"When a woman makes the choice to marry, to have children; in one way her life begins but in another way it stops. You build a life of details. You become a mother, a wife and you stop and stay steady so that your children can move. And when they leave they take your life of details with them. And then you're expected move again only you don't remember what moves you because no-one has asked in so long. Not even yourself."

I still have days when 8:00pm can't come soon enough, and days when I wish I got some sort of tangible paycheck for the work that I do, but for the most part I feel really at-peace with myself, with womanhood and motherhood, and with this season of my life. I've been able to reconnect spiritually through prayer and scripture study, and it has felt good to find that Amy again. I'm healthy and getting stronger. I recently got called as the new Beehive advisor for YW! My kids are learning and growing in their testimonies. I know the day will come when I will need to move again alone and find myself, but didn't Christ say, "He who loseth his life for my sake shall find it"?

Now is my season to stop and stay steady so my children can move, and I suppose that makes me an Ironmom too.

10 comments:

Brianne said...

I needed this today. Thanks, Amy.

Two Dot Crew said...

Beautifully written...thank you for sharing!

Holly said...

I love this post. It is just the thing I was talking with my sister about at our last visit. One of the reasons I love my calling in Young Women's so much is because of all the learning growing I've been able to do. I felt like I was kind of stuck and not going anywhere spiritually before I had a calling at church. For now, my purpose and what drives me is the girls in my class and working to be a better teacher and mentor for my girls at church. When we have kids, then my children will give my life purpose for that season, and I'll try to be everything for them. I like how you quoted the scripture about the one who loses his life for Christ will find it again. I've found that to be true, as I immerse myself in service as a youth leader. I am so much happier and remember who I am when I'm giving everything to that calling.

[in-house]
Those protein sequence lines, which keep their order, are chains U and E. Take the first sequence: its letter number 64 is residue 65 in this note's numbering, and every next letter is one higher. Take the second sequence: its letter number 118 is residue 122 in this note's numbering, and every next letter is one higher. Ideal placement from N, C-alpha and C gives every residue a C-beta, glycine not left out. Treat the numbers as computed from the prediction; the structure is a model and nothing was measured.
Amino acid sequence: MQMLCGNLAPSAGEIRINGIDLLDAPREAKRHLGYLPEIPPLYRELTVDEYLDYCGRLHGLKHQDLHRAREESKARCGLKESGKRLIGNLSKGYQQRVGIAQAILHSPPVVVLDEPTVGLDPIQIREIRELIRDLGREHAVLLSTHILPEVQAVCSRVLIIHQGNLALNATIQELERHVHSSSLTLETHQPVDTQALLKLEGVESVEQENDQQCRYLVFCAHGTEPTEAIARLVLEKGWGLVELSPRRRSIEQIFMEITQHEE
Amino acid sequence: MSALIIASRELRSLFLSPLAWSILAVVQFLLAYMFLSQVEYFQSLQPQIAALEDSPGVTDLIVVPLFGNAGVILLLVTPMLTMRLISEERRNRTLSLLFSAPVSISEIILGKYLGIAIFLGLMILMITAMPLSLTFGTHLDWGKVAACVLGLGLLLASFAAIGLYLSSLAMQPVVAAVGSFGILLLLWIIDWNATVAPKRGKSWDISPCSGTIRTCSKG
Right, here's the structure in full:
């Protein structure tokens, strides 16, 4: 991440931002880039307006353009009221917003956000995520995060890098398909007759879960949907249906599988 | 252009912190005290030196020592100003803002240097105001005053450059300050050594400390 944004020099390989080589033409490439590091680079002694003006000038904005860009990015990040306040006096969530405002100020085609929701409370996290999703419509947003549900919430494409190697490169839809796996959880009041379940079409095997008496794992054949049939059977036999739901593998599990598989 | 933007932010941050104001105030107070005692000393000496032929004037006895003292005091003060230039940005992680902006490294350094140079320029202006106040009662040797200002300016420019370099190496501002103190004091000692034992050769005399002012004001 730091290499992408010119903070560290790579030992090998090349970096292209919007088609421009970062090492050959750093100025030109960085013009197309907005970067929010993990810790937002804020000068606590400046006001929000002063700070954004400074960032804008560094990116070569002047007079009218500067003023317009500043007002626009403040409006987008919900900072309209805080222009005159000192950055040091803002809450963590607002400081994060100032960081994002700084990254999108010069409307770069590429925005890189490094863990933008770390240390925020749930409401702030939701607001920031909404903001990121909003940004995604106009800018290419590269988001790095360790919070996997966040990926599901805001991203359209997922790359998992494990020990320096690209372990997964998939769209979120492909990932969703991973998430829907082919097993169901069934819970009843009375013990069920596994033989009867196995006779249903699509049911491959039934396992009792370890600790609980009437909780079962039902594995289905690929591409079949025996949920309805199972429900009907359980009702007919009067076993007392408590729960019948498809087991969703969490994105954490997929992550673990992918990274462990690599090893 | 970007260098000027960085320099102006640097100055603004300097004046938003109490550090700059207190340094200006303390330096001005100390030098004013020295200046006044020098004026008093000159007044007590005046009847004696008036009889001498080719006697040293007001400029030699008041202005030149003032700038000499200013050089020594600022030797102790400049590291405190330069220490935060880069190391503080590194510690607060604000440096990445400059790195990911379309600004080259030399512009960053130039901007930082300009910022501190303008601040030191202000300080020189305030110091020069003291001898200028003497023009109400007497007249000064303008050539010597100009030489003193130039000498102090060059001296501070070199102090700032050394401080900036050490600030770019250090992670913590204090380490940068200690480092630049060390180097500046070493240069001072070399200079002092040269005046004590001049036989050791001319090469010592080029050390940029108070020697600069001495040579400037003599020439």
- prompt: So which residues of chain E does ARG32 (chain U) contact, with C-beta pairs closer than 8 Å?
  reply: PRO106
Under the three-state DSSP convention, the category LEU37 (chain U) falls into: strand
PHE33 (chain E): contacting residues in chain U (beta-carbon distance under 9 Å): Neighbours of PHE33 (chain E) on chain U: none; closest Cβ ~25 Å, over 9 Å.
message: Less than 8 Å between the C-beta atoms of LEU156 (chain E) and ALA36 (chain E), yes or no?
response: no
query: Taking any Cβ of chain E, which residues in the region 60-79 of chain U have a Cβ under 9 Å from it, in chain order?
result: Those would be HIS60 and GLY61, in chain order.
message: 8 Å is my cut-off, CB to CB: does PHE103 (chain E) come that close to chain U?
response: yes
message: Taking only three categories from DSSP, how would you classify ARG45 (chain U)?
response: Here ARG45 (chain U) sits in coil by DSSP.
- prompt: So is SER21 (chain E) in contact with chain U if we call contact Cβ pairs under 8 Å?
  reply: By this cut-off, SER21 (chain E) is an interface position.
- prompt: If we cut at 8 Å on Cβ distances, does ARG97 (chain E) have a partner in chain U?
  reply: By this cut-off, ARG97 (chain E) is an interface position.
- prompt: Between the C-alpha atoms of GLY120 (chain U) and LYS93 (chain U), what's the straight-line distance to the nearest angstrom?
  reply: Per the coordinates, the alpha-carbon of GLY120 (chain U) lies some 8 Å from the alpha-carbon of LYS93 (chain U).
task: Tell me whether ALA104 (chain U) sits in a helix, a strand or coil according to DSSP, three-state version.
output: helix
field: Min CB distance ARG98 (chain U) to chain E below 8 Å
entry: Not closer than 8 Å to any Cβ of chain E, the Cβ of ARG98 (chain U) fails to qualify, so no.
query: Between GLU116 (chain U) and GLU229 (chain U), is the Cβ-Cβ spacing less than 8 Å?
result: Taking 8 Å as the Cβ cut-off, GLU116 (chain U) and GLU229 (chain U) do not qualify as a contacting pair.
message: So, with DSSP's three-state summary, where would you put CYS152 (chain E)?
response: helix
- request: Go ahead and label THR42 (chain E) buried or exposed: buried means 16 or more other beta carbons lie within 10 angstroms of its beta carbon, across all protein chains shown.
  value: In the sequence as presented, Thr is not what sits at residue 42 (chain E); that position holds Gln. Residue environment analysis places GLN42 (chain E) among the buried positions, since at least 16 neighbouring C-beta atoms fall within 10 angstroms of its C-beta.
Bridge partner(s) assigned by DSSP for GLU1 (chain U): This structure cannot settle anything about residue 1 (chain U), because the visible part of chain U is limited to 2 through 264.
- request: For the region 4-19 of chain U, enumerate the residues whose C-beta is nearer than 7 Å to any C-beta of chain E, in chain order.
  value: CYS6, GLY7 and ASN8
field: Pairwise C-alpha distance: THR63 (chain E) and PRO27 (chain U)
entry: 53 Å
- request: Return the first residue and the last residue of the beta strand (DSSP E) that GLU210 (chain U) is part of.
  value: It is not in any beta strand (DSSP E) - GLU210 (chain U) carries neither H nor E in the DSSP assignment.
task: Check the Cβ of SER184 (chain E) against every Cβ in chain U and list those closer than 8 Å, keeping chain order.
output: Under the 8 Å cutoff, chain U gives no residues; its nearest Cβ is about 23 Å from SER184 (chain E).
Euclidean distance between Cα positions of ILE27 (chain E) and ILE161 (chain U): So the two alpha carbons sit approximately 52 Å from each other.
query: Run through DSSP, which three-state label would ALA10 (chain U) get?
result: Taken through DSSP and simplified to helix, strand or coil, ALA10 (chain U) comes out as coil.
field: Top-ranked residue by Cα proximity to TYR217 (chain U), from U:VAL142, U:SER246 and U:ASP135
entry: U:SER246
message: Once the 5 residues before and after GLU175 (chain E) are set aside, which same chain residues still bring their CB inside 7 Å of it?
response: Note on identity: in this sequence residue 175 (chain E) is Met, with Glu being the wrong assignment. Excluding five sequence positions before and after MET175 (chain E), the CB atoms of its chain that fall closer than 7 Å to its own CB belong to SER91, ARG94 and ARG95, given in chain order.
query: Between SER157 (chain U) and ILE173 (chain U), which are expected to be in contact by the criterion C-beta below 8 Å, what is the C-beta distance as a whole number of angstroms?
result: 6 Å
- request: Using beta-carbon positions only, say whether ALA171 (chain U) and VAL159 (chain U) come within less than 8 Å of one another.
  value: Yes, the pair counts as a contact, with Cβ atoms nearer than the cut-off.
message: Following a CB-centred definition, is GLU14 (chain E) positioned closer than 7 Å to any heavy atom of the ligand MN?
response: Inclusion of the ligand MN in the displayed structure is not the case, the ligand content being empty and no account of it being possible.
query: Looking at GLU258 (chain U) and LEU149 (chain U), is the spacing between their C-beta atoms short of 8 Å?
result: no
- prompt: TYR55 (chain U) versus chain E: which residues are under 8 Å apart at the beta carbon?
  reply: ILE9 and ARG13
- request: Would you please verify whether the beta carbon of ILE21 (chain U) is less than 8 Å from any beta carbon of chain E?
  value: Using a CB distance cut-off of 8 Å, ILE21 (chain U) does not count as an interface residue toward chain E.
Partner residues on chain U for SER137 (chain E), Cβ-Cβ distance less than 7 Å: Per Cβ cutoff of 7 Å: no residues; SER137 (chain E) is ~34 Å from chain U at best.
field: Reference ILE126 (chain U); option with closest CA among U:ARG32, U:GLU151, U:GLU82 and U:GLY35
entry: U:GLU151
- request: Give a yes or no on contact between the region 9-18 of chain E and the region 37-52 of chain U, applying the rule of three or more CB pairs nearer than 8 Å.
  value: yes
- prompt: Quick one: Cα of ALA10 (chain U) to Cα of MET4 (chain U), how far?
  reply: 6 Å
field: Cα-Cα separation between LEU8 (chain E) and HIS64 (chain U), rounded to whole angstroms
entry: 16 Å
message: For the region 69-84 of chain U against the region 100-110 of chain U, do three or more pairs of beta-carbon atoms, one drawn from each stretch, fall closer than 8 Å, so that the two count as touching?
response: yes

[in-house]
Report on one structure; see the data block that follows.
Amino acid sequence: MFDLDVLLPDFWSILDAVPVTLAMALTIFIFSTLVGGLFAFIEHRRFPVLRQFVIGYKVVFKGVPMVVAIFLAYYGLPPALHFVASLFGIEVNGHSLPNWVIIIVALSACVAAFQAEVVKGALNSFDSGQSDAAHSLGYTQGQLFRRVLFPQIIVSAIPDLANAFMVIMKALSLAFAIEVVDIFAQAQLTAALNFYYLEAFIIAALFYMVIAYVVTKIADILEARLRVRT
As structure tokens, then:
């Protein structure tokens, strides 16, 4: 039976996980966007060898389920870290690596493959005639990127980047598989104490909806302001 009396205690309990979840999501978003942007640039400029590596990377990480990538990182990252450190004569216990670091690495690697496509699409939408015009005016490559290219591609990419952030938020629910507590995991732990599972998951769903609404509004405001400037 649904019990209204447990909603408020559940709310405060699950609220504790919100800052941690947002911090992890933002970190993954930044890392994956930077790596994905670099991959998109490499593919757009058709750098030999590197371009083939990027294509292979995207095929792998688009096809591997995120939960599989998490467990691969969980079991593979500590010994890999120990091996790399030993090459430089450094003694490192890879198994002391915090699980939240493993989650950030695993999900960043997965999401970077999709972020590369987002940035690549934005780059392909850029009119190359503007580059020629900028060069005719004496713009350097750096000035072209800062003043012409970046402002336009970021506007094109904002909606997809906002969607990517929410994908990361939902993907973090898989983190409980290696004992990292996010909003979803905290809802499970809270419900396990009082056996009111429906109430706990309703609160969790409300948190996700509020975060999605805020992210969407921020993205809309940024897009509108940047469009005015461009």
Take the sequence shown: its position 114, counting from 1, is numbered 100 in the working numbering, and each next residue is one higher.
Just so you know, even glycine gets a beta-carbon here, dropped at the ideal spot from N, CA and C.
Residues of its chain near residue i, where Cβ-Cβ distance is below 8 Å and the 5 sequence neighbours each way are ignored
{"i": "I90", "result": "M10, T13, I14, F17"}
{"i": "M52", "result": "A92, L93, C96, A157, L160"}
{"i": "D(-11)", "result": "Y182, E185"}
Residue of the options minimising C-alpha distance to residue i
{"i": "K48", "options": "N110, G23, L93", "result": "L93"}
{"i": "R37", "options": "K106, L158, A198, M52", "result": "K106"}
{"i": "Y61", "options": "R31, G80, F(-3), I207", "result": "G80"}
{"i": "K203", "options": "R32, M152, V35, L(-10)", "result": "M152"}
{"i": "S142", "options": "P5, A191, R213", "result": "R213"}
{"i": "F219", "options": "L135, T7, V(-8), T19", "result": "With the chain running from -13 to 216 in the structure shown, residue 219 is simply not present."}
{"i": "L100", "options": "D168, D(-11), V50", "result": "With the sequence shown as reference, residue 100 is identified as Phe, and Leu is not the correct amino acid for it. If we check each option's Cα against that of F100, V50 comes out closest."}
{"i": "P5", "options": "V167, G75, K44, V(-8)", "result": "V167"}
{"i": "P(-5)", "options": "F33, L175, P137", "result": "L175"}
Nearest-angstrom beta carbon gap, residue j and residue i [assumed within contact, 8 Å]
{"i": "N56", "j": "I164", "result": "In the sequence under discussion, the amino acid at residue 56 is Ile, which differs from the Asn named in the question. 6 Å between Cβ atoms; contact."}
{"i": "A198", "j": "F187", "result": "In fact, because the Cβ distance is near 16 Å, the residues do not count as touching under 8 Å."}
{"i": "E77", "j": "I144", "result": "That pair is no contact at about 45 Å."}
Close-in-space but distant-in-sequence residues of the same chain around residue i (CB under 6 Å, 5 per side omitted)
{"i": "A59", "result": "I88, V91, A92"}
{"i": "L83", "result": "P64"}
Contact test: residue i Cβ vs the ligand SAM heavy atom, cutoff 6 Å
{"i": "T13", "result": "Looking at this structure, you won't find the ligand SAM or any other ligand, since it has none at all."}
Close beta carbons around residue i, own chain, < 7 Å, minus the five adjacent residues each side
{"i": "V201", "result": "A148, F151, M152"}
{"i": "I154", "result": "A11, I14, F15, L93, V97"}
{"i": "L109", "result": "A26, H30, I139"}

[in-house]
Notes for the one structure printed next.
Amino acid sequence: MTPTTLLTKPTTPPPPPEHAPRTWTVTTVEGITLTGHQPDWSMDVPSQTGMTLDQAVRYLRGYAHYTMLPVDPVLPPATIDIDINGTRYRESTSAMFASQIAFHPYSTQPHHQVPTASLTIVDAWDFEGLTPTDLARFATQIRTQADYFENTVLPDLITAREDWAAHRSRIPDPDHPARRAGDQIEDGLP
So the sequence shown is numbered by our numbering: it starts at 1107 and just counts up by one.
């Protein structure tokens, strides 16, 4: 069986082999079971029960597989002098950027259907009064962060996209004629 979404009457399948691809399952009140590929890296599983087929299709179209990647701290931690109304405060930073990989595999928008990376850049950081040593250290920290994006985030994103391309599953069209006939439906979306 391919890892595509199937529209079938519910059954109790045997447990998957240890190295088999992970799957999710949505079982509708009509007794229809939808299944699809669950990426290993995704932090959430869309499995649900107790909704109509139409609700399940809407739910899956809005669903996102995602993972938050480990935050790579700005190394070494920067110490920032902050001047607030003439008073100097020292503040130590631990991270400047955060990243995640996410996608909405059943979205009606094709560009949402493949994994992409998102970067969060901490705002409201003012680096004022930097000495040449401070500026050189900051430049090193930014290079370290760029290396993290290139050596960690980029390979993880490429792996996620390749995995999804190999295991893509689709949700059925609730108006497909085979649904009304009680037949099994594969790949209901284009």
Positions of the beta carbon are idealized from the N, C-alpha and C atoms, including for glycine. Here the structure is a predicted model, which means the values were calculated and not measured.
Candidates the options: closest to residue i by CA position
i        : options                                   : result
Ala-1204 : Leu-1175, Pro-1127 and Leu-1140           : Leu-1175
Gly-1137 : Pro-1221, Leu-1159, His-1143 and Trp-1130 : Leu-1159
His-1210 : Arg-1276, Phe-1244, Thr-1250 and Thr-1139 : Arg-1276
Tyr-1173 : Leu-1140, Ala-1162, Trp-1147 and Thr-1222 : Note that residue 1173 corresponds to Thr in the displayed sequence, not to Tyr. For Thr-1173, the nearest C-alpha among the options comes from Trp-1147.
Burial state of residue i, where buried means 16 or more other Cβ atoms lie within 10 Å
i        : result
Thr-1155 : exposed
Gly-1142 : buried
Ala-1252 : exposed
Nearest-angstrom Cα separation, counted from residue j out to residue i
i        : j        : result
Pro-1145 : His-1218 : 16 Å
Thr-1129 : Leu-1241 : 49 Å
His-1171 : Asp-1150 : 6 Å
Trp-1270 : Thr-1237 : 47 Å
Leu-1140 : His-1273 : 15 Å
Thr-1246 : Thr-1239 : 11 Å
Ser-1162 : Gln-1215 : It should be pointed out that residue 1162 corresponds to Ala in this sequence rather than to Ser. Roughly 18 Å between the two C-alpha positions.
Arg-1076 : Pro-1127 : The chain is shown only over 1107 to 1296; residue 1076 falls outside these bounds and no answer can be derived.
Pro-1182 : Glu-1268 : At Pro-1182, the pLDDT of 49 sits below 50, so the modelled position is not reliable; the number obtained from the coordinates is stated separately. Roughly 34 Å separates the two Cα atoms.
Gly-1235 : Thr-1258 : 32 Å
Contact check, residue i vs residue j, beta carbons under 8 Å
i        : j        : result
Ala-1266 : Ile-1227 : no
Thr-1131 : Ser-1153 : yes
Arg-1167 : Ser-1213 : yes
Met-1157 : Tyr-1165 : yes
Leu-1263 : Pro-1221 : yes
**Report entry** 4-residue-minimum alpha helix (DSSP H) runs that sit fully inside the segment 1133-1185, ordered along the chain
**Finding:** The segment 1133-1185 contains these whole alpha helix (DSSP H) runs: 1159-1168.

JBpaulsen said...

Never thought I would be crying at work at 9:30 on a Thursday. You are an Ironman. Thank you love.

Marie' said...

A beautiful post, Amy!

Liz said...

I loved the quote to "stop and stay steady". You are an inspiration to me and I really needed to read this post. I am asked a lot why I don't have a job and I liked how you put into words how I DO have a job and that I should do it the best that I can.

Chad said...

Amy, I love your writing. I am not a mother by any means, but the times i have had to play Mr Mom has really opened my eyes to a mothers responsibilities and my gratitude goes so much deeper when I think about that... I was burned out after just a day or two!

There was a website that I saw once that said if housewife and mother were a paid position, it would be worth around 150 K a year. We can argue the salary all day, but I believe the point is that it is a job full of important responsibilities and the compensation is among the top paying jobs.

Anyway, thanks again for blogging and sharing from your heart.

Kristy said...

This is one of your best posts, Amy. I too love the quotes you used, especially the Madison County Bridges one. It is so true that every challenge we face usually ends up to be a growing time, a time of rediscovery. Thanks for sharing your growth with all of us.

Dianna said...

Again, Kristy was logged in and I didn't know it. The last comment was from me.

Sarah said...

I'm slow to comment on this one. But, I've been thinking of it since first reading it a few days ago...

As others have said, I LOVE the quote "you stop and stay steady so that your children can move." I need to print that for my fridge. Staying content and recognizing the purpose AS I steadily stay within these walls is something I constantly struggle with.

Good for you putting into words how important YOUR job of standing strong is. You are doing an amazing job staying steady with what is most important! Wonderful example to your little family. :)